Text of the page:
Canada’s inflation rate likely took another dip last month, but with many Canadians still struggling with the cost of living, the federal government is facing pressure to deliver more help in the upcoming budget.
Statistics Canada is set to release its February consumer price index report on Tuesday, giving its most up-to-date reading on inflation ahead of the federal government’s budget on March 28.
Desjardins and RBC are both forecasting the inflation rate fell to 5.4 per cent last month, down from 5.9 per cent in January.
But even as inflation eases, the federal government has signalled the budget will include affordability measures to help Canadians still challenged by the cost-of-living.
Desjardins’ chief economist Jimmy Jean said all eyes are on Ottawa to balance affordability priorities with fiscal restraint.
“One of the things we obviously are going to watch is what governments put forward to help with cost of living, all with the constraint that it must not add fuel to the fire (of inflation),” Jean said.
The Bank of Canada has been laser-focused on bringing inflation back down to its two per cent target. Its aggressive rate hike cycle over the last year is starting to slow the economy by forcing people and businesses to pull back on spending.
As the economy slows, economists worry excessive or untargeted measures by the federal government could work against the central bank’s efforts and force it to raise interest rates even higher.
Finance Minister Chrystia Freeland has said repeatedly that she’s committed to fiscal restraint and ensuring the federal government doesn’t make the Bank of Canada’s job harder.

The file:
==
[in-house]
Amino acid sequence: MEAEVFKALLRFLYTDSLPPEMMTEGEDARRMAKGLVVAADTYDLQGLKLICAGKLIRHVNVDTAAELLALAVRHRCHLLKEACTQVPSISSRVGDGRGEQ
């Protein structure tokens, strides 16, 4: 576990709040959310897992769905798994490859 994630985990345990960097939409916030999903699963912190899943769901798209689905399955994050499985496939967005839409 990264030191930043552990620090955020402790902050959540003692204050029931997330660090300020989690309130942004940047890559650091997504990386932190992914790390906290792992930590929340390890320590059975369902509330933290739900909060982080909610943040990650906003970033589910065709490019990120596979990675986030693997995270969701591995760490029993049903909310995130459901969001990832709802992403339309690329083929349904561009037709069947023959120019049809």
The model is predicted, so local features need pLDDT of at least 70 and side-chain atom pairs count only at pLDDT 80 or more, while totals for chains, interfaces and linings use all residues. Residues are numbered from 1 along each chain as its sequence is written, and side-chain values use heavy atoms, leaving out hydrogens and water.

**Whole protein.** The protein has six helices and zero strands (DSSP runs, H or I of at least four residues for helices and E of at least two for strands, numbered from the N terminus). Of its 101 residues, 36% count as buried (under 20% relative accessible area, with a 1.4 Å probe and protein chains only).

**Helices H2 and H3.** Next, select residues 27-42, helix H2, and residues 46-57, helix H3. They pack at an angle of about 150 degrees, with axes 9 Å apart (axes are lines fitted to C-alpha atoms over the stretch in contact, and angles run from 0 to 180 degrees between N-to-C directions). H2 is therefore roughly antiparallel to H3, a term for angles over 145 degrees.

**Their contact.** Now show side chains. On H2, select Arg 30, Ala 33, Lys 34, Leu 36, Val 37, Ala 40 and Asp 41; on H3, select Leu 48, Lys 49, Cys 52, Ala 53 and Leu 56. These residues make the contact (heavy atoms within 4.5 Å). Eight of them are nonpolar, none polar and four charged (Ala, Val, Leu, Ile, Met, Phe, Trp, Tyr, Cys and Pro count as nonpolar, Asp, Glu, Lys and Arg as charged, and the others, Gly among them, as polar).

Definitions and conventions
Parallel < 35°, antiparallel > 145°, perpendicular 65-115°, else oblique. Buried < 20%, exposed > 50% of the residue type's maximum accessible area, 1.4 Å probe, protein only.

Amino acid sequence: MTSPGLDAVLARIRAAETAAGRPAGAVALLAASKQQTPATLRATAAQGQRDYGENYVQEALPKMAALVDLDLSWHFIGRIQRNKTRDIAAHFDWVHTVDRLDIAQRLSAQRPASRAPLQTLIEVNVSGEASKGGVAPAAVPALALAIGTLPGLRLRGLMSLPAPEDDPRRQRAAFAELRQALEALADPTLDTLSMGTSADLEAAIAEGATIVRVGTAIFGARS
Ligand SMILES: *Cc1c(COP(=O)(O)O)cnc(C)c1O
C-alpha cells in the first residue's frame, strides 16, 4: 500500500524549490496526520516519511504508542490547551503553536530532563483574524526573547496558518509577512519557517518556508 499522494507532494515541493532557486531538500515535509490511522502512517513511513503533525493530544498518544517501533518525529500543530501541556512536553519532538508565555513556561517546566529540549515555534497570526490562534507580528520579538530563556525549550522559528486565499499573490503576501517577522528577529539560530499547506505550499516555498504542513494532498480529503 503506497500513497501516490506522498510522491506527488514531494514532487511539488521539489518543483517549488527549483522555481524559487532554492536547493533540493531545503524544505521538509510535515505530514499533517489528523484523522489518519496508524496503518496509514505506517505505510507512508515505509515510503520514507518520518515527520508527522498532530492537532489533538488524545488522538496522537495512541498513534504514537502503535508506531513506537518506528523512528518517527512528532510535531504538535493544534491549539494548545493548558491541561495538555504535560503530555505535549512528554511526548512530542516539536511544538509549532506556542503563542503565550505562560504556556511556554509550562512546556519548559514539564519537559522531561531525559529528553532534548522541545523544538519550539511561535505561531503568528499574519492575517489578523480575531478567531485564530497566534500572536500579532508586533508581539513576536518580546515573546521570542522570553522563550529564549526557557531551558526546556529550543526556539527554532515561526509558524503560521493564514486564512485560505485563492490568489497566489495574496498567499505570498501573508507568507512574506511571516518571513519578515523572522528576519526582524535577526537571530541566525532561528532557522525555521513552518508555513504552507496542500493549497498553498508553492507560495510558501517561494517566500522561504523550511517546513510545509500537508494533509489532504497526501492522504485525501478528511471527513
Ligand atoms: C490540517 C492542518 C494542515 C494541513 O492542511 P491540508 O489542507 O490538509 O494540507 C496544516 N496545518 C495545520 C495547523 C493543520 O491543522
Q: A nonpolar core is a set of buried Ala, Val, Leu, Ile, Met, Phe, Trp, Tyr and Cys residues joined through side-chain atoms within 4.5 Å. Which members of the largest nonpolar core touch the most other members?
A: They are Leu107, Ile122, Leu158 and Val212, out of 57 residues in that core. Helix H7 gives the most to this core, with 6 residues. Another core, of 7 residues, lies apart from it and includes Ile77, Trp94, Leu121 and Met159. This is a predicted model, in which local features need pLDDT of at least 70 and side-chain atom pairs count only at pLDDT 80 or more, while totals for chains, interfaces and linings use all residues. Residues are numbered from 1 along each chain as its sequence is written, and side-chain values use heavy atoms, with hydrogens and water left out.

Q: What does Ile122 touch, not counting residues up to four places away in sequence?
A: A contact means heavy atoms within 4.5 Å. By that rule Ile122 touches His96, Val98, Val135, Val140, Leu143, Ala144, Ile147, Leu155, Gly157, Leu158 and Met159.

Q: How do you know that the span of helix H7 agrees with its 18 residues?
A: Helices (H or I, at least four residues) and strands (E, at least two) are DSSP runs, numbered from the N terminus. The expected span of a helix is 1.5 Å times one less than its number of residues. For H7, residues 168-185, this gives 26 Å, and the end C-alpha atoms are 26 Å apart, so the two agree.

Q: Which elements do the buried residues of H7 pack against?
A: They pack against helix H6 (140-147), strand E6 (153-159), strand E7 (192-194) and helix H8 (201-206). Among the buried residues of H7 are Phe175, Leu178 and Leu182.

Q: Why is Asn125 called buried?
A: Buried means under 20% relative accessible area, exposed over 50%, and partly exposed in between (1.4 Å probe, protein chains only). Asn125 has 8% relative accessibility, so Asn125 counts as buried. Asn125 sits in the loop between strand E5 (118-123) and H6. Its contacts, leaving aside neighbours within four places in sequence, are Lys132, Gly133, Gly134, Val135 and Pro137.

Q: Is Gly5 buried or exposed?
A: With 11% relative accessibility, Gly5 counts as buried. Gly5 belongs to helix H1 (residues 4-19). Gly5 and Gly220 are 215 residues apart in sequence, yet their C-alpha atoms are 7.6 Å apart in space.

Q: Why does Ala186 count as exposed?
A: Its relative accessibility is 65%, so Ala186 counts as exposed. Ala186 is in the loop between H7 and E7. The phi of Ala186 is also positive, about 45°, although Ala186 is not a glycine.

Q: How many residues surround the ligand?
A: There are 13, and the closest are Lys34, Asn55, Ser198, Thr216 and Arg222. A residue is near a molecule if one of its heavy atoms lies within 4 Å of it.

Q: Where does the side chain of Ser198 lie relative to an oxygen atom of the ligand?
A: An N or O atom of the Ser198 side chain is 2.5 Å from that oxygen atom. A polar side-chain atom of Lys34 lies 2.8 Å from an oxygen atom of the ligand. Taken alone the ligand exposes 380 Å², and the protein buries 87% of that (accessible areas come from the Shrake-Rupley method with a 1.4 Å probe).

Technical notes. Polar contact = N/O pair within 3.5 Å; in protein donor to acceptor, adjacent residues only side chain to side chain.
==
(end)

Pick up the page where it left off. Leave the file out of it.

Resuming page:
But the Liberals are also facing pressure from New Democrats to continue providing support for low-income Canadians who are hardest hit by inflation.
NDP Leader Jagmeet Singh said he wants to see the government extend the six-month boost to the GST rebate, introduced last fall, which temporarily doubled the amount people received.
At a news conference Wednesday, Prime Minister Justin Trudeau didn’t weigh in on whether his government would extend the rebate, but said the budget will include affordability measures.
“In our budget, we are going to be putting forward measures that will directly help Canadians,” Trudeau said.
Inflation has become a top political and economic concern in the country after a significant runup in prices last year, driven in part by the Russian invasion of Ukraine and mangled supply chains.
But since peaking at 8.1 per cent last summer, Canada’s inflation rate has been steadily declining as global pressures on inflation ease and high interest rates weigh on the economy.
Jean said lower gas prices last month likely drove the headline inflation rate down further. Other components of the CPI, like food prices, probably didn’t ease by much.
Grocery prices in January were a staggering 11.4 per cent higher than they were a year ago.
RBC economist Carrie Freestone said businesses, including grocers, have been able to pass on the extra costs they’re facing from suppliers to consumers. But grocery prices are still expected to ease as lower agricultural commodity prices feed through the supply chain.
“It’s just seems to be taking a bit of time,” she said.
The Bank of Canada is currently holding its key interest rate steady at 4.5 per cent, hoping inflation will ease without the need for more rate hikes. It’s forecasting inflation will fall to about three per cent by mid-year.
“As long as inflation continues to trend lower as we expect … (the Bank of Canada) will probably stay on the sidelines,” Freestone said.
For workers who haven’t seen their wages keep up with inflation, the rapid rise has been especially punishing. But as inflation slows, the gap between the two is narrowing.
In February, average hourly wages were up 5.4 per cent, matching forecasts for inflation.
The Bank of Canada has said persistently strong wage growth will make getting back to the two per cent inflation target difficult.
For workers, Jean said the narrowing gap between inflation and wage growth is good news, but doesn’t make up for what they’ve lost.
“We’re not talking about making up for the last two years of wage growth not keeping up with inflation,” Jean said. “We’re just stopping the hemorrhage here.”
—Nojoud Al Mallees, The Canadian Press